Frustration may be a natural reaction to having our plans interrupted, but it doesn’t serve us at all. A healthier response is to simply embrace reality. This is easy to say, but not as easy to do – particularly when you are awakened at 3:15 a.m. by a chirping smoke alarm.
I had planned on getting a good night’s rest. Instead, I found myself reluctantly crawling out of my cozy bed. Standing in the dark hallway, I tried to discern which of the three nearby alarms had the low battery. Once identified, I grabbed a chair to stand on, resolved the issue, and snuggled back under the covers.
Two hours later, my hopes of falling back asleep weren’t nearly as hopeful. Yet, instead of giving in to frustration, I decided it was a grand opportunity to embrace reality. After all, there’s really no point in frustration. It doesn’t change ‘what is’ or make us feel better. All it does it make us feel worse.
Since I wasn’t about to allow a 9-volt Duracell to ruin my night, I reminded myself smoke alarms save lives. I couldn’t be angry – it was only doing its job. Of course, I would have preferred it let me know it needed a new battery during waking hours, but I can’t control that.
We have a tendency to call this “bad timing,” but even that is a judgment. We’ve only decided it is “bad” because it interferes with our plans. It could be the timing is actually quite perfect.
In my case, unexpected wakefulness in the wee hours of the morning provided the space to think some things through. As a result, I came to the conclusion something I was planning to do, and had even committed to doing, would not be good for me to do. It wasn’t wrong. It just wasn’t right for me.
Maybe that’s what the smoke alarm was trying to tell me. Maybe I needed that long, dark night of being alone with my thoughts to come to that realization.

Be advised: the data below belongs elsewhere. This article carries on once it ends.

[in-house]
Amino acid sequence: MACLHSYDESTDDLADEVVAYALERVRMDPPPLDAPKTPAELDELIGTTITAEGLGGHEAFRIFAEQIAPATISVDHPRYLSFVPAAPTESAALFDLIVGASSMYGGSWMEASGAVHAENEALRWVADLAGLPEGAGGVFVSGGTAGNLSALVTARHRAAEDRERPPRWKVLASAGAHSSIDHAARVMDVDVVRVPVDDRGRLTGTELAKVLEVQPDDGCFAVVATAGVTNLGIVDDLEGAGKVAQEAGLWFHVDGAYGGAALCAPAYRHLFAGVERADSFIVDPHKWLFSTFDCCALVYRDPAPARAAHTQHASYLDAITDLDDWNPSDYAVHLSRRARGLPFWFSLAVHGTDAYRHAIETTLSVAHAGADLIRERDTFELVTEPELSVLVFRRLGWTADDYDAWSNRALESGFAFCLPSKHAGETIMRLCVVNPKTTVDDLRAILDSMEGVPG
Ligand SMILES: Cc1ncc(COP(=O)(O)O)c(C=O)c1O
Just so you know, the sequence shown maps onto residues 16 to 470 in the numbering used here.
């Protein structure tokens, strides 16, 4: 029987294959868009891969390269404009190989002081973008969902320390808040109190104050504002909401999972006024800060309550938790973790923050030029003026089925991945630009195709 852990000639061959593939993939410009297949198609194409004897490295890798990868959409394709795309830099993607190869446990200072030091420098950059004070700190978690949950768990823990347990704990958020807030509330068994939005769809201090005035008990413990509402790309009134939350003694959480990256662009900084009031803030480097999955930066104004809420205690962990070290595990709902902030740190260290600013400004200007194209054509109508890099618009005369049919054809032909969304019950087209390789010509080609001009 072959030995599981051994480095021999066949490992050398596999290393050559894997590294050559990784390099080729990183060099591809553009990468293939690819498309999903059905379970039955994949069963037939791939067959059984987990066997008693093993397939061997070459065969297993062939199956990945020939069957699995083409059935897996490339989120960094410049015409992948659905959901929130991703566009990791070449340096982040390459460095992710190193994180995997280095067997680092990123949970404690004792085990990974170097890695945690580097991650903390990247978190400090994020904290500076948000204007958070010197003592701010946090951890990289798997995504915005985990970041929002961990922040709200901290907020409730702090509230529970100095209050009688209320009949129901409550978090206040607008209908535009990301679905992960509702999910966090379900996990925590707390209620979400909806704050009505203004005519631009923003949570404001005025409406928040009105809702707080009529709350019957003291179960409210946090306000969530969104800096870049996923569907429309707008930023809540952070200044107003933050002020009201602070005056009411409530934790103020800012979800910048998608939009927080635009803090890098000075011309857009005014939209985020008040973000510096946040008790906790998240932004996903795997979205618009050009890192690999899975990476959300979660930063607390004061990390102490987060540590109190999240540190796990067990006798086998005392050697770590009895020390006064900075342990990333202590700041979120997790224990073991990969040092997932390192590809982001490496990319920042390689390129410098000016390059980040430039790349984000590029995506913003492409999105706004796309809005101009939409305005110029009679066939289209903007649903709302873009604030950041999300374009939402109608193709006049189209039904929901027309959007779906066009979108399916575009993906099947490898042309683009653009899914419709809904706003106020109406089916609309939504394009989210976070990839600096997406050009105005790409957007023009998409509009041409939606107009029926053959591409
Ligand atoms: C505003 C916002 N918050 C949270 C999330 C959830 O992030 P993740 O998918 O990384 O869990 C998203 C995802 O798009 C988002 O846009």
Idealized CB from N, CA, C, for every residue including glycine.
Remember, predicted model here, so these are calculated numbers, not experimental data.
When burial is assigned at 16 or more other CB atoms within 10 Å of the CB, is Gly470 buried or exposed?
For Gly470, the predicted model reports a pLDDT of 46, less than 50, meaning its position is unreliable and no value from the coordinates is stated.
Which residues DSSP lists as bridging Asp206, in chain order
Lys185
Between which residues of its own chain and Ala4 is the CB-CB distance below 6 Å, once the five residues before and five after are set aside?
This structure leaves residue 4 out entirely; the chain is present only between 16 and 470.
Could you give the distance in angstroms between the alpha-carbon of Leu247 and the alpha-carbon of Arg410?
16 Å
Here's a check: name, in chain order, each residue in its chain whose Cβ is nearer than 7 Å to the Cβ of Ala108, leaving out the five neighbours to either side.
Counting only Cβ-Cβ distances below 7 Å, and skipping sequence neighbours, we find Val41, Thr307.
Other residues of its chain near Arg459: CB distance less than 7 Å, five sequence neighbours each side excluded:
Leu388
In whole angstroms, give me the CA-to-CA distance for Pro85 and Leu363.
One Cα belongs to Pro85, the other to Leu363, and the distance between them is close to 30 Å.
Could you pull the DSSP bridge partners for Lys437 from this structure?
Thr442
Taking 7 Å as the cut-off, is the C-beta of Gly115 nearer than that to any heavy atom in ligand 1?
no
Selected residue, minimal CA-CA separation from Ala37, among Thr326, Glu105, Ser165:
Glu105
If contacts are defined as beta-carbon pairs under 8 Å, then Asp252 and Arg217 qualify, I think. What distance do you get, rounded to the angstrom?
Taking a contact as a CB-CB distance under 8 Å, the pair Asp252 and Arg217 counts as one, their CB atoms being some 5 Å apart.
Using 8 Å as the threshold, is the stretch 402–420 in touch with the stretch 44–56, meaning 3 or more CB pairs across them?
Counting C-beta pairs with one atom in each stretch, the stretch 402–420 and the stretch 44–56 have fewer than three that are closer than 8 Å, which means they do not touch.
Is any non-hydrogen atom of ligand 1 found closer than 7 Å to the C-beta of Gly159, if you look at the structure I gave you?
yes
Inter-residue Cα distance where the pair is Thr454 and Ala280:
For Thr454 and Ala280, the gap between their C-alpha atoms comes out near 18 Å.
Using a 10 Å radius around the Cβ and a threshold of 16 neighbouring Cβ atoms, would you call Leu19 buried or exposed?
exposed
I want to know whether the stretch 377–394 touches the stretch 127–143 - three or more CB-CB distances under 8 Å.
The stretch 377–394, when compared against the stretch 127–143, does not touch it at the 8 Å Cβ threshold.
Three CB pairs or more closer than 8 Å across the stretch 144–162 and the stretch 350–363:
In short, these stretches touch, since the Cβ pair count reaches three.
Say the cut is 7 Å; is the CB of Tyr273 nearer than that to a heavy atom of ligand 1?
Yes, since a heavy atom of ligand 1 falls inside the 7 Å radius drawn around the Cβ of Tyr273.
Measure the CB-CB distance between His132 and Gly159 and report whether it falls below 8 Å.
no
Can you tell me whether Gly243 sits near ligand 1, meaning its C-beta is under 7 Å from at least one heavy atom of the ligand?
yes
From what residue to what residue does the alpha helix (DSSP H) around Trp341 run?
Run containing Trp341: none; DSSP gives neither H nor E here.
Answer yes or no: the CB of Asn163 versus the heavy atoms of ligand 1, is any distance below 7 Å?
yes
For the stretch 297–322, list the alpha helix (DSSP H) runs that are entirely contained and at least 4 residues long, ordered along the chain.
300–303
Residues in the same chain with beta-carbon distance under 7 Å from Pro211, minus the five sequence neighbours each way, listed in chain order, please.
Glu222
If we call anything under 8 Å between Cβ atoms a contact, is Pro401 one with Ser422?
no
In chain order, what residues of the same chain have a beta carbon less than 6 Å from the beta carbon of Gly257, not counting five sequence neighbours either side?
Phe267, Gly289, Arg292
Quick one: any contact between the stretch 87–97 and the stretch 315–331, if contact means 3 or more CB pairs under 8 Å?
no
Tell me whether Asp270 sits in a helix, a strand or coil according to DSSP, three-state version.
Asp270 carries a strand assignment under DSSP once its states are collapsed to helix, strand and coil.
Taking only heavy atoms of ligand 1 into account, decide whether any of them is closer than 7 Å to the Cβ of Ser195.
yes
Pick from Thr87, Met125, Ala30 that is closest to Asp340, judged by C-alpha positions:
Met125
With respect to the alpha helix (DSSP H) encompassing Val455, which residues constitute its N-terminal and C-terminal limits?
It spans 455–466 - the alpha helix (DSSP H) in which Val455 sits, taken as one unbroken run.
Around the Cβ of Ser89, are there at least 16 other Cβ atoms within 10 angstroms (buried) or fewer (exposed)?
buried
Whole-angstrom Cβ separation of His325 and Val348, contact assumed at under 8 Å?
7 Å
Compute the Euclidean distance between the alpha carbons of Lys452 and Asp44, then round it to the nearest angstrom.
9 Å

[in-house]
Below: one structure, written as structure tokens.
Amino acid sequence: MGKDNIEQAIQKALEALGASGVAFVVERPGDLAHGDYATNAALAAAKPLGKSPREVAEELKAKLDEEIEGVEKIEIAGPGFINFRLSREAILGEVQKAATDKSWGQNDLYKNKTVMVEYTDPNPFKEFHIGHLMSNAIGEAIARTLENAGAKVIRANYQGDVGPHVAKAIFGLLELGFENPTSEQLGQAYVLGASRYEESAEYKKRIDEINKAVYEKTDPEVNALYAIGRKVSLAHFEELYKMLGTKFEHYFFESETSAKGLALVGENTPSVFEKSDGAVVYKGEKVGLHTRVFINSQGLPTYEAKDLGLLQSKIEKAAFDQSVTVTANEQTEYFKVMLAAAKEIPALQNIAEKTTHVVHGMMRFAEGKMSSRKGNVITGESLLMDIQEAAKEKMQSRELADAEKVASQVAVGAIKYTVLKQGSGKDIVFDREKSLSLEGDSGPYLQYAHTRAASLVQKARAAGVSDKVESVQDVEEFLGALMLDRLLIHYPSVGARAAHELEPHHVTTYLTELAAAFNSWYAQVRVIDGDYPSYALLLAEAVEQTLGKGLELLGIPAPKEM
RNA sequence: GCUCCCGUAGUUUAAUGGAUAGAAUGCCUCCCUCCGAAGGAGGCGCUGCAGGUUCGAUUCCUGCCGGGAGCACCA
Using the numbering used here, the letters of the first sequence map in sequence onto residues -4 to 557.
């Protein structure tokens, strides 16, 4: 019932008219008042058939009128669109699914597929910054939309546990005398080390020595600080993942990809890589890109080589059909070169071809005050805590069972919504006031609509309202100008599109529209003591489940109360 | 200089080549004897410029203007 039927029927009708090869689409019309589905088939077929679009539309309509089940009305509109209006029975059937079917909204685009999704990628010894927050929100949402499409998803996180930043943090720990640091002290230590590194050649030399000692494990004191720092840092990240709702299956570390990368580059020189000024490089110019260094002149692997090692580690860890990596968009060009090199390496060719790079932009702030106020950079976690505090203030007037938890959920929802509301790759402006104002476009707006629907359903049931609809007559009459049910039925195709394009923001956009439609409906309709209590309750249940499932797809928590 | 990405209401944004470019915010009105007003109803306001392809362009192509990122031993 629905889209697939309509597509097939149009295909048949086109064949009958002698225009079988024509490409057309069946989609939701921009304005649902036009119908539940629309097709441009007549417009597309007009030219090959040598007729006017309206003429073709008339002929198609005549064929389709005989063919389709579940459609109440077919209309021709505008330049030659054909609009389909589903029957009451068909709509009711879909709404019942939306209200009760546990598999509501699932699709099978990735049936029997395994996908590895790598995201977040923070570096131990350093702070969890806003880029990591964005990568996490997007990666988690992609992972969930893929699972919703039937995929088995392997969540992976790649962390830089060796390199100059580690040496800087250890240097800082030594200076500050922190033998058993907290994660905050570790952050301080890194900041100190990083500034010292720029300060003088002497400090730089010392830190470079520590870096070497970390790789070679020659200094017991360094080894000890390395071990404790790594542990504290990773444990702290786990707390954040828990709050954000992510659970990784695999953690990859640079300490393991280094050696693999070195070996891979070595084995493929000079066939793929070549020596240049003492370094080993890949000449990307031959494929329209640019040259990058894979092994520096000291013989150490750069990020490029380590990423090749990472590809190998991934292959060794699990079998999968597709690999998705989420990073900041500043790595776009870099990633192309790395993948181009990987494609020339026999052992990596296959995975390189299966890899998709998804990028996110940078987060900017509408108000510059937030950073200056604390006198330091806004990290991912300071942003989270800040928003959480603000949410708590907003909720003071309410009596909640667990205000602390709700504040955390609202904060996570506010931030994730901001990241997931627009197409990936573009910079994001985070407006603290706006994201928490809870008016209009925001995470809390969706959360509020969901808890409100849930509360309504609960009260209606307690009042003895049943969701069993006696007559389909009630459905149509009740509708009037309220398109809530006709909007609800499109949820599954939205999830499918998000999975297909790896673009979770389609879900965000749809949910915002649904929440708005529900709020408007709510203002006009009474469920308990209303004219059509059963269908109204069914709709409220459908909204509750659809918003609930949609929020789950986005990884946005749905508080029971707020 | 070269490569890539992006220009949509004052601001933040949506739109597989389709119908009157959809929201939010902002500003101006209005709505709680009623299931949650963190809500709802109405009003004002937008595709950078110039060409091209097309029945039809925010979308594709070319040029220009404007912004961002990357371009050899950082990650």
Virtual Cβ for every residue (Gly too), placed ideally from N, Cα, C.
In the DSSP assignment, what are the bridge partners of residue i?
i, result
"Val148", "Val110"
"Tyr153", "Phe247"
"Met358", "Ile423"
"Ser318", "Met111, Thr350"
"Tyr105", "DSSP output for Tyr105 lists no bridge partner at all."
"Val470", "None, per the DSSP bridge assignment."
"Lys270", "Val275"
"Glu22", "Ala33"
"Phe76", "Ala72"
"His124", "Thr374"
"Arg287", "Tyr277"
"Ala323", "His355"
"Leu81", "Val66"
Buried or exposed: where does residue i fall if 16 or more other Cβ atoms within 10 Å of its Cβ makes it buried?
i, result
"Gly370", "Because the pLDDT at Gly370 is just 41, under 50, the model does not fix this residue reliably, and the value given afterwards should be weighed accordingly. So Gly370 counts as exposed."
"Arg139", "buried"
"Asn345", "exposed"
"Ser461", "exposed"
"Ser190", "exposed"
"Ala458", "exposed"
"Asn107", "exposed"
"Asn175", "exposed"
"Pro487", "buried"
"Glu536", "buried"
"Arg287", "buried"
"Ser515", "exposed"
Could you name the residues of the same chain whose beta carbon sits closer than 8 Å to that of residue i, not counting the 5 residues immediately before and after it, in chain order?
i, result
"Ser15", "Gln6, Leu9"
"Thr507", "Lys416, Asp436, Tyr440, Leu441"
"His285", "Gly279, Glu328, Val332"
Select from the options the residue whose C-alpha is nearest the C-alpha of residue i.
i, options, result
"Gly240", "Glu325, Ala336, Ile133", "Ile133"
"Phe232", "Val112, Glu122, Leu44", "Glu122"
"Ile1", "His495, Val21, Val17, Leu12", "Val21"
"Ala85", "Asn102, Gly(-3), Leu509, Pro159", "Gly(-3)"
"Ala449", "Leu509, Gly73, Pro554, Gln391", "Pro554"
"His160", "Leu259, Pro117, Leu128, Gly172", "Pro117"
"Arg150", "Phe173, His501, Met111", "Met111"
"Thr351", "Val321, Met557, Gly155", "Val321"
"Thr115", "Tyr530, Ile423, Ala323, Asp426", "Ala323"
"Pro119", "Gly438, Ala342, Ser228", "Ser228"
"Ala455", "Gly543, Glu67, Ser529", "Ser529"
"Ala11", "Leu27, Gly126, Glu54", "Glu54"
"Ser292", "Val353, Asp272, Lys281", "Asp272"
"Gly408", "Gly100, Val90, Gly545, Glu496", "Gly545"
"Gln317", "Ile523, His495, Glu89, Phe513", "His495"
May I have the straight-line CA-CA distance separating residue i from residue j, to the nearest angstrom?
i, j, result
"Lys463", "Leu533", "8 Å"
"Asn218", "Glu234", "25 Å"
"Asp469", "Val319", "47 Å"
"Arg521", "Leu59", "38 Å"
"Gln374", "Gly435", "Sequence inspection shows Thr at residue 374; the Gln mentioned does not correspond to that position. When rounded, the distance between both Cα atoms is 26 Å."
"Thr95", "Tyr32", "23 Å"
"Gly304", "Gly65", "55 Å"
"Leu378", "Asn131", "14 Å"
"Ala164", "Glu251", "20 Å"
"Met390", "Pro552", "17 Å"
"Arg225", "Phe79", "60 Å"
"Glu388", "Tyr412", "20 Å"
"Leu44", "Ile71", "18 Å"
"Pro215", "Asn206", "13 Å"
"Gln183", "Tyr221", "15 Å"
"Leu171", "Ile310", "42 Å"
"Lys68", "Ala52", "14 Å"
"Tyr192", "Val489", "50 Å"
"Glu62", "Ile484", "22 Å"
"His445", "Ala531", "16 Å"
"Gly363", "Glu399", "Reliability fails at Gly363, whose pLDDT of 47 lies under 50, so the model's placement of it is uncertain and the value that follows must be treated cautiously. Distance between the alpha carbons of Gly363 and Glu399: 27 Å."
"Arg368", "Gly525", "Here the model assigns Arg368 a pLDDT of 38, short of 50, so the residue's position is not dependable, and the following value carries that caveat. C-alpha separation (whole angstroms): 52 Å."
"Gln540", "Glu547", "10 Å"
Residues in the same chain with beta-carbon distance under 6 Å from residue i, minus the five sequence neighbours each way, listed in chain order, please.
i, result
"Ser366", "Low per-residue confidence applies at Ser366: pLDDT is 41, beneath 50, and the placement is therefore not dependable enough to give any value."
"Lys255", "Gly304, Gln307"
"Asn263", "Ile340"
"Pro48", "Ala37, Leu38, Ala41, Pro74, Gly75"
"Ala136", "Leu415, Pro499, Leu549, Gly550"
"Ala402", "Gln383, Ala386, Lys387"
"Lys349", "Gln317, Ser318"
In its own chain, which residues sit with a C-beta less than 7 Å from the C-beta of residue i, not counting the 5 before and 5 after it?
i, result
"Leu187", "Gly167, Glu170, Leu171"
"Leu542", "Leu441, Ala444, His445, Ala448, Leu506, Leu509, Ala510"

Regardless, embracing reality instead of kicking against it in frustration, is a much gentler and kinder way of relating to our circumstances. It’s also a good reminder we are not in control of the outcome, and life is not out to get us, but to teach us.
Sure, I could preemptively replace my smoke alarm batteries every three months so they’d never chirp in the middle of the night. Or, I could just let go of trying to control everything and go with the flow of whatever happens. As a recovering control freak, going with the flow sounds like the better deal.
When things don’t go the way we want them to go, it’s easy to become frustrated. But when we choose frustration, we kick against the goad and bruise our foot. By choosing to embrace reality, the only thing we bruise is our ego as we submit to the lessons life brings.
Surrender is essential to living a victorious life. Yet, the surrender of embracing reality isn’t about throwing our hands up in defeat. It’s about wrapping them around whatever comes our way, trusting every circumstance is an opportunity for learning. When we choose that way of being, it won’t take a raging fire to get our attention. All it will take is a persistent little chirp in the night.